Museum of the Imperial Palace of “Manchukuo”
Address: 5 North Guangfu Road, Changchun, Kuancheng District, Jilin Province
Website: www.wmhg.com.cn (Chinese)
Hours: 8:30 - 17:20 (1 May - 30 Sept, entry until 16:10)
8:30 - 16:50 (1 Oct - 30 April, entry until 15:40)
General admission: 70 yuan
The tumultuous life of Pu Yi, the last emperor of China, has been told in modern fictions, high school textbooks, and Hollywood films. It was during his reign that China’s last imperial dynasty met its doom. The emperor saw himself as better and above the average person, and his sense of entitlement and view of reality was so perverted that he did everything possible to retain the glory of an empire, and later became a pawn and a puppet from the day he was installed as the ruler of the so-called State of Manchukuo and entered the Imperial Palace of “Manchukuo”, powerless to act helpless to control his own destiny.
Located at No 3 Guangfu Road in the northeast corner of Changchun City in Jilin Province, the Museum of the Imperial Palace of “Manchukuo” was where the monarch lived and held court under the direction of the Japanese.
It is surrounded by black palace walls enclosing an area of 12 hectares. The series of buildings erecting inside the palace, blending Chinese classical, European, and Japanese styles, including the Qinmin Building, Jixi Building and the Tongde Hall, are the most renowned parts of the museum.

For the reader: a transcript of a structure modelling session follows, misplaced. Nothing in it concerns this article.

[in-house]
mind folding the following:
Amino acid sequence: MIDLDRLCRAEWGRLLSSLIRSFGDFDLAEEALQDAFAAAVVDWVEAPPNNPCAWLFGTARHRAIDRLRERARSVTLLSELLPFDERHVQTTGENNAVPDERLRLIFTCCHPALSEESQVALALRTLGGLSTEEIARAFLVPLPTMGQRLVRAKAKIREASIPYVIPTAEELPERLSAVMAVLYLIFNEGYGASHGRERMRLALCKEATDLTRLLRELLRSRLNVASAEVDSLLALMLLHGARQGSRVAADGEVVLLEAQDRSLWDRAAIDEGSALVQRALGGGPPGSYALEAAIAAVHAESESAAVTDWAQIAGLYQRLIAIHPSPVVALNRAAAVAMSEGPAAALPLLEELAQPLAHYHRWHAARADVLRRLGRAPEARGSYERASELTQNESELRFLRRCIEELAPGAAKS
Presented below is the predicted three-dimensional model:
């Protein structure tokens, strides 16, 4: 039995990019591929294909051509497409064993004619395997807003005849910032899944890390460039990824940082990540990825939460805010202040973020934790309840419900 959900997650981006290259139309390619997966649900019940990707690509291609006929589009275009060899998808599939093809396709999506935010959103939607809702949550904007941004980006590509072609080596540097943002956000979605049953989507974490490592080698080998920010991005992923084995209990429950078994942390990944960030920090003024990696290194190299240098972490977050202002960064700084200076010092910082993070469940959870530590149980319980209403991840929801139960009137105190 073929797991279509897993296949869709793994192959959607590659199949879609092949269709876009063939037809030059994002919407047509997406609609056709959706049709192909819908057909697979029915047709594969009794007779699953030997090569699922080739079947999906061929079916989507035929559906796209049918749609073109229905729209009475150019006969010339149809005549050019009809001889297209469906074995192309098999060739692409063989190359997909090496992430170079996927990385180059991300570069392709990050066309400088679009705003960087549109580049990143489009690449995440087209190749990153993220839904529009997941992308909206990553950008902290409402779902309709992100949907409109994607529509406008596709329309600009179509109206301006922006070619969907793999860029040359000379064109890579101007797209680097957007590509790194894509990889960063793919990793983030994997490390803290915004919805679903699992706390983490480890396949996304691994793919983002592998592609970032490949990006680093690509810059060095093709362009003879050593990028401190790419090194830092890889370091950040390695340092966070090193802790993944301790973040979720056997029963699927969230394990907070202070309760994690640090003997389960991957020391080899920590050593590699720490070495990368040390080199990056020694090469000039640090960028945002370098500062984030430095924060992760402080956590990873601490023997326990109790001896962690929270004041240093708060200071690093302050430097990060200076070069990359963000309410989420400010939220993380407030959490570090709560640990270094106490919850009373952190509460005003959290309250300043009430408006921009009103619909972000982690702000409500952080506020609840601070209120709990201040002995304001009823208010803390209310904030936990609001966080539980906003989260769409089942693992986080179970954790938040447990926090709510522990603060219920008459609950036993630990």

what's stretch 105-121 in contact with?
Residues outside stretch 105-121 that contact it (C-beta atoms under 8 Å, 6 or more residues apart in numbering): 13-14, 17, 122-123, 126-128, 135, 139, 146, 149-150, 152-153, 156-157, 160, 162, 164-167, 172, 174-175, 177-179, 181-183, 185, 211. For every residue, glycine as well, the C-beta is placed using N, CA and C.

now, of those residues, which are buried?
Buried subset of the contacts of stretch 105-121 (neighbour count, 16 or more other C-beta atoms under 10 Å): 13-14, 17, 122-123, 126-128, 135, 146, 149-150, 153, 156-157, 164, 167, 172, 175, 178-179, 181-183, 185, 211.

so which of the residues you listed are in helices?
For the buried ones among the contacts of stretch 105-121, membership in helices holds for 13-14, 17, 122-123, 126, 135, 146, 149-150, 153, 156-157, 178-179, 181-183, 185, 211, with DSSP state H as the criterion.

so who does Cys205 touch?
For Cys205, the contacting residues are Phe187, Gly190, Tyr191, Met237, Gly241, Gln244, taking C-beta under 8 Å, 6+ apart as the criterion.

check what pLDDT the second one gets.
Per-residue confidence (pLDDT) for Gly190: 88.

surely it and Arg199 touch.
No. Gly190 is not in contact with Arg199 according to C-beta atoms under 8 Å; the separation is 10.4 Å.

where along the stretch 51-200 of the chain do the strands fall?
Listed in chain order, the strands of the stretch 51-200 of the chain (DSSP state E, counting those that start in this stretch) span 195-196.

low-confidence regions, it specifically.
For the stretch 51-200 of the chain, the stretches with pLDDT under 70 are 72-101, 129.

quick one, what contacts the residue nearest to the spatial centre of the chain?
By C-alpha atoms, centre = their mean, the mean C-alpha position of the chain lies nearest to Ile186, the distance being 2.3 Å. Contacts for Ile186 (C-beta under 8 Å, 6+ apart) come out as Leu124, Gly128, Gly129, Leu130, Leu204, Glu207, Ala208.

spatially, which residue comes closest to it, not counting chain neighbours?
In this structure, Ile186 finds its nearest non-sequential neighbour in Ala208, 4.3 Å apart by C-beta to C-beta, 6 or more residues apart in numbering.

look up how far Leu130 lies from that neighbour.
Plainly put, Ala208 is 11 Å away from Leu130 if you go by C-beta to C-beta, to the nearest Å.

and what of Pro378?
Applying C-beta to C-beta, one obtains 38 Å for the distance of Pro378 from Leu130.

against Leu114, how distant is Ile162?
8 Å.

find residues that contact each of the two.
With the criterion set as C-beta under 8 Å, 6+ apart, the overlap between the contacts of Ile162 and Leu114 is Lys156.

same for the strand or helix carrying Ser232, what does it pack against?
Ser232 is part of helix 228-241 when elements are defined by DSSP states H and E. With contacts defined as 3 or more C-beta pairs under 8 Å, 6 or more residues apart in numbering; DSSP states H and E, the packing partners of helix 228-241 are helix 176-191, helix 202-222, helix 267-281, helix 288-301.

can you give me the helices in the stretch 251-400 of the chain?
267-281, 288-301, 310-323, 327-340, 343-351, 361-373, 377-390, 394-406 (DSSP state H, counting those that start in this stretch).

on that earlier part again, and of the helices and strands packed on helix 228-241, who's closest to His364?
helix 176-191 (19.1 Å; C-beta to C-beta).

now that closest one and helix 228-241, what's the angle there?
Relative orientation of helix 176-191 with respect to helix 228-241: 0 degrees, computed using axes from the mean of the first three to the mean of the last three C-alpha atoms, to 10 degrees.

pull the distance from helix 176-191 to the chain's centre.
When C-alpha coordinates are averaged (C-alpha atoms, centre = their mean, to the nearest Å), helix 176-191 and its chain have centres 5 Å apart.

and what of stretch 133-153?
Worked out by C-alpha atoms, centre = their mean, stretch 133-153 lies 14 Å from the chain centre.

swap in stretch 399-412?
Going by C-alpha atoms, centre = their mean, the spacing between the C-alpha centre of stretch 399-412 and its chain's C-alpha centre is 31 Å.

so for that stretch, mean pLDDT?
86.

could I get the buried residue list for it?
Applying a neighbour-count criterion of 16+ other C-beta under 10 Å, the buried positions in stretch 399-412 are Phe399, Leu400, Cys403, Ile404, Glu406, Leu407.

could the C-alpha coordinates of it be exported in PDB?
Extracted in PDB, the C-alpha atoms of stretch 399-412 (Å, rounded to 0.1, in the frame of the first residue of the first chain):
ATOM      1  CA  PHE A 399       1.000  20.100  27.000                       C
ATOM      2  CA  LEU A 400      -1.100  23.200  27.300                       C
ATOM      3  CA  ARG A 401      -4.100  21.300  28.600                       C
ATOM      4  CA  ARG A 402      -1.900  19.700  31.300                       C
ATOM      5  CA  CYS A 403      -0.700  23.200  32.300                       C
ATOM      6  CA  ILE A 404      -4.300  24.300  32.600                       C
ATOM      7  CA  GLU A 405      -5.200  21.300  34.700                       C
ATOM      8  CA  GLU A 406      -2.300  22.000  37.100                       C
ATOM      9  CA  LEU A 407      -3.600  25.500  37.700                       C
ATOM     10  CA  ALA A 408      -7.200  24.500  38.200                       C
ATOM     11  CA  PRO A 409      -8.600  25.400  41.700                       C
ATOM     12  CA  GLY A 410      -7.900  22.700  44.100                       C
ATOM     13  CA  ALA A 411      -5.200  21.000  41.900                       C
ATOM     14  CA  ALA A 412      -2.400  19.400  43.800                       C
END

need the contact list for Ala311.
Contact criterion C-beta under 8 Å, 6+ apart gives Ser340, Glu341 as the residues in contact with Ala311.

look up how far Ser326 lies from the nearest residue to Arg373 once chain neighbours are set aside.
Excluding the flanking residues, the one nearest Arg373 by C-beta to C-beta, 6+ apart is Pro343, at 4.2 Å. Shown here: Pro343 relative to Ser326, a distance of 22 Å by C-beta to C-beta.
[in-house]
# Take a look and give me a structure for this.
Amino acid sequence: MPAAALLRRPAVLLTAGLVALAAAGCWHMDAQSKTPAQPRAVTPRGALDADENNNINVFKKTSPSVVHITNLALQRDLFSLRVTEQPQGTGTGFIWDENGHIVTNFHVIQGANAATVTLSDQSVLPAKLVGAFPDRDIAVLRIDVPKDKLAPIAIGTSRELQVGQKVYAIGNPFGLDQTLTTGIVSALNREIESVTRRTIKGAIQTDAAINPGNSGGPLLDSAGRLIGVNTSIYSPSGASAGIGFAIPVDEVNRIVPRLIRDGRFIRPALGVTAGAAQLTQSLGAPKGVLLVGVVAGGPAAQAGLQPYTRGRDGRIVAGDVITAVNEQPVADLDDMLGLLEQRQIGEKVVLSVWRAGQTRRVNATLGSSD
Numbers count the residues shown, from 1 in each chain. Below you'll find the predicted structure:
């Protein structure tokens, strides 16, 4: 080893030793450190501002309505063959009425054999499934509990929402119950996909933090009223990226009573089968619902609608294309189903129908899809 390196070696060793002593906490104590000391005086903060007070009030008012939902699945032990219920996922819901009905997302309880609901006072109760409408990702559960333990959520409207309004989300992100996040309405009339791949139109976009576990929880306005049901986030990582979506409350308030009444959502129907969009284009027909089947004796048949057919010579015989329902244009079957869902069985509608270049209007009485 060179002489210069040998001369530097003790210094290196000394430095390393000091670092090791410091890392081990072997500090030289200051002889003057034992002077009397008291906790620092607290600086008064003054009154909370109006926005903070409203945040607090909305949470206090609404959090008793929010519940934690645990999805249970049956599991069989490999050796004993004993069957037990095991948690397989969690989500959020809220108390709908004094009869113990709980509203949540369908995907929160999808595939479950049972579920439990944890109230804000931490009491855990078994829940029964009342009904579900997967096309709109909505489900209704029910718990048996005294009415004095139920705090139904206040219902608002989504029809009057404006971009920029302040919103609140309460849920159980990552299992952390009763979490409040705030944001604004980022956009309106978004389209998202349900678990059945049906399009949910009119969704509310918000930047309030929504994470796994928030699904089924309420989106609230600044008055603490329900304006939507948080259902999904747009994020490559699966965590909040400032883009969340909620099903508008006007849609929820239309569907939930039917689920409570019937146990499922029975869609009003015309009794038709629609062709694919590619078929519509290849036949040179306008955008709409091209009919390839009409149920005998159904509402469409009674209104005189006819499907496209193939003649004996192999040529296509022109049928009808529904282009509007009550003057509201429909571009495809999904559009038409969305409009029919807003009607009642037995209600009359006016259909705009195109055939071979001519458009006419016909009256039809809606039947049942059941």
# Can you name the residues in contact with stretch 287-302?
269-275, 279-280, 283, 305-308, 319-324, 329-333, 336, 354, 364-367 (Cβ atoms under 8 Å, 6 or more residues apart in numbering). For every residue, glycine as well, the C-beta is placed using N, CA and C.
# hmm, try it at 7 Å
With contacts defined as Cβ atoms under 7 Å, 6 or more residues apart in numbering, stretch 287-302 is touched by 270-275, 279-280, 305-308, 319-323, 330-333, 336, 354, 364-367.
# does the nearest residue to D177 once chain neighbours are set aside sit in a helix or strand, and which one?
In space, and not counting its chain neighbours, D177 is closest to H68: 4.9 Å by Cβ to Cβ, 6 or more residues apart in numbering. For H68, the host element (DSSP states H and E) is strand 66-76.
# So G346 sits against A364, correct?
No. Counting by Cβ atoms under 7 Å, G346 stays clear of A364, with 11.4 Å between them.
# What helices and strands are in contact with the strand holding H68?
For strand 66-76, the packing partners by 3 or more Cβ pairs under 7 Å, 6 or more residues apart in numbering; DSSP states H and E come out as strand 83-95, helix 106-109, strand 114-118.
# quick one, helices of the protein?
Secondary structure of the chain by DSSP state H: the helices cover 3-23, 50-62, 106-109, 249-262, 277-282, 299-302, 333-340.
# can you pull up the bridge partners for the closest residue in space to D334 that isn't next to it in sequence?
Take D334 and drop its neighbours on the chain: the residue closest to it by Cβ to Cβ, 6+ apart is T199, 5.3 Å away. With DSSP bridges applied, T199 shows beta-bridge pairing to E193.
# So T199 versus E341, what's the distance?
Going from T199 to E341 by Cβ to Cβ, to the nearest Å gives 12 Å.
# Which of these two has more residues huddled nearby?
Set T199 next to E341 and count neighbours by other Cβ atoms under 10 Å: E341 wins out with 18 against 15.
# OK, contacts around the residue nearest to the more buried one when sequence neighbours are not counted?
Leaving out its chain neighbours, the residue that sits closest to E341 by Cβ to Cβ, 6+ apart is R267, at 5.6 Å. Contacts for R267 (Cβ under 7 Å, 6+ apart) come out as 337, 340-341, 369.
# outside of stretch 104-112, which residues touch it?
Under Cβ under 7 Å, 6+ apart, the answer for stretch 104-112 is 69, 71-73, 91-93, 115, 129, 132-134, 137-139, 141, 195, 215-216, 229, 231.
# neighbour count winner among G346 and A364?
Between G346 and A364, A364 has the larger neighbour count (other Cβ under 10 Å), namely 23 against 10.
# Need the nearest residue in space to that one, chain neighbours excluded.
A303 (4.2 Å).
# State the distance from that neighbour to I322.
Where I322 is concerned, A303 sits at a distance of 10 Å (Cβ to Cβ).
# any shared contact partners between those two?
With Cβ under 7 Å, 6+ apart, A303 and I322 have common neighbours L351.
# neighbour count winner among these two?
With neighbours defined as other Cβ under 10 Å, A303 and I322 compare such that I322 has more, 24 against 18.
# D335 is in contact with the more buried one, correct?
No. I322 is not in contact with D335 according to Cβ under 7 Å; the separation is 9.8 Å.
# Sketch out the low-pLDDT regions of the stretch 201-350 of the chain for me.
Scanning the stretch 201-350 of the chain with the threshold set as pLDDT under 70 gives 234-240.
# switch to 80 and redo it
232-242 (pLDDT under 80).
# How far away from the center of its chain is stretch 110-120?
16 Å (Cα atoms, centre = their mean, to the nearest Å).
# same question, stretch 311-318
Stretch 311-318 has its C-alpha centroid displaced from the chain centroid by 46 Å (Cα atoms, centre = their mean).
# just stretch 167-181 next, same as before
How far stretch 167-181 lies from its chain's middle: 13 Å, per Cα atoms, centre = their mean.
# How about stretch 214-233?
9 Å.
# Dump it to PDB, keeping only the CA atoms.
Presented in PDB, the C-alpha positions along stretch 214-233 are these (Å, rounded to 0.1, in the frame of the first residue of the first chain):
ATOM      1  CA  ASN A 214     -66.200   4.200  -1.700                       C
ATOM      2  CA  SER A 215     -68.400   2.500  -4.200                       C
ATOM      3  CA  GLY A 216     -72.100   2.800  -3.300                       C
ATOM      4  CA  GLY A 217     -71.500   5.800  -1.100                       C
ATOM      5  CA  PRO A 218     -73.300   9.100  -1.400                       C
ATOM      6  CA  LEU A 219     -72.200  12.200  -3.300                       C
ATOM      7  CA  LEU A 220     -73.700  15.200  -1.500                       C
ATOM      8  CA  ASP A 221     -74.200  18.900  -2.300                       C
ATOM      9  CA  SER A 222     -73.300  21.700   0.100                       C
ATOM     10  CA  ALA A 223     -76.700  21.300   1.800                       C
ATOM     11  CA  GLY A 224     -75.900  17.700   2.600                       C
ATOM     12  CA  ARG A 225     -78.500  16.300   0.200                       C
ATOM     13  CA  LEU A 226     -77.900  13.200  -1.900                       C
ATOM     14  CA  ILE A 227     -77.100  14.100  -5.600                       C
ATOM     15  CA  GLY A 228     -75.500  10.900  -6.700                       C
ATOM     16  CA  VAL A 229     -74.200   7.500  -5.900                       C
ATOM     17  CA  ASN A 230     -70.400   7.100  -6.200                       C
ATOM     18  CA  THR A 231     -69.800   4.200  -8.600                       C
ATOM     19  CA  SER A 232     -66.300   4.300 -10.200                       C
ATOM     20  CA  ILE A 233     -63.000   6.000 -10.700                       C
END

The palace can be divided into two parts: inner court and outer court. The inner court was the living quarters of Pu Yi and his concubines. The outer court was where Pu Yi dealt with state affairs. The palace comprises residential area and office buildings, man-made landscape, recreational space including a swimming pool, a racket court, a golf course, and a hippodrome, air-raid shelters, a storehouse of books and paintings, and other auxiliary facilities.
The Tongde Hall, built during the period from 1936 to 1938, is the largest building in the puppet palace constructed under the supervision of Japanese engineers. Its interior is lavishly decorated. To the north of the Tongde Hall is an obscure two-storey cement building dubbed as "The little white building" (Xiaobai lou). The unadorned building was built in the 1936 to accommodate over 1,000 artworks, rare books, and traditional Chinese paintings and calligraphy transferred furtively out of the Forbidden City by Pu Yi since the 1920s, when he had abdicated from the throne but still lived in the rear section of the Forbidden City enjoying certain benefits from the republic government. In early 1930s, the paintings and calligraphy were shipped here where he ascended the throne as emperor of the "Manchukuo", and had been stored here for more than a decade. In August 1945, the Soviet Union waged war against Japan and the Manchukuo collapsed, Changchun was abandoned and Pu Yi fled in panic. He took with him a selected part of the Forbidden City treasures to the coal-mine town Dalizigou, Tonghua where he hoped to flee to Japan via Shenyang but wound up caught by the Soviet Red Army in Shenyang airport. It is from this little white building that the treasure was parted and relocated again. The rest that was deposited in Dalizigou was looted or even destroyed, lost with no one knows the whereabouts.
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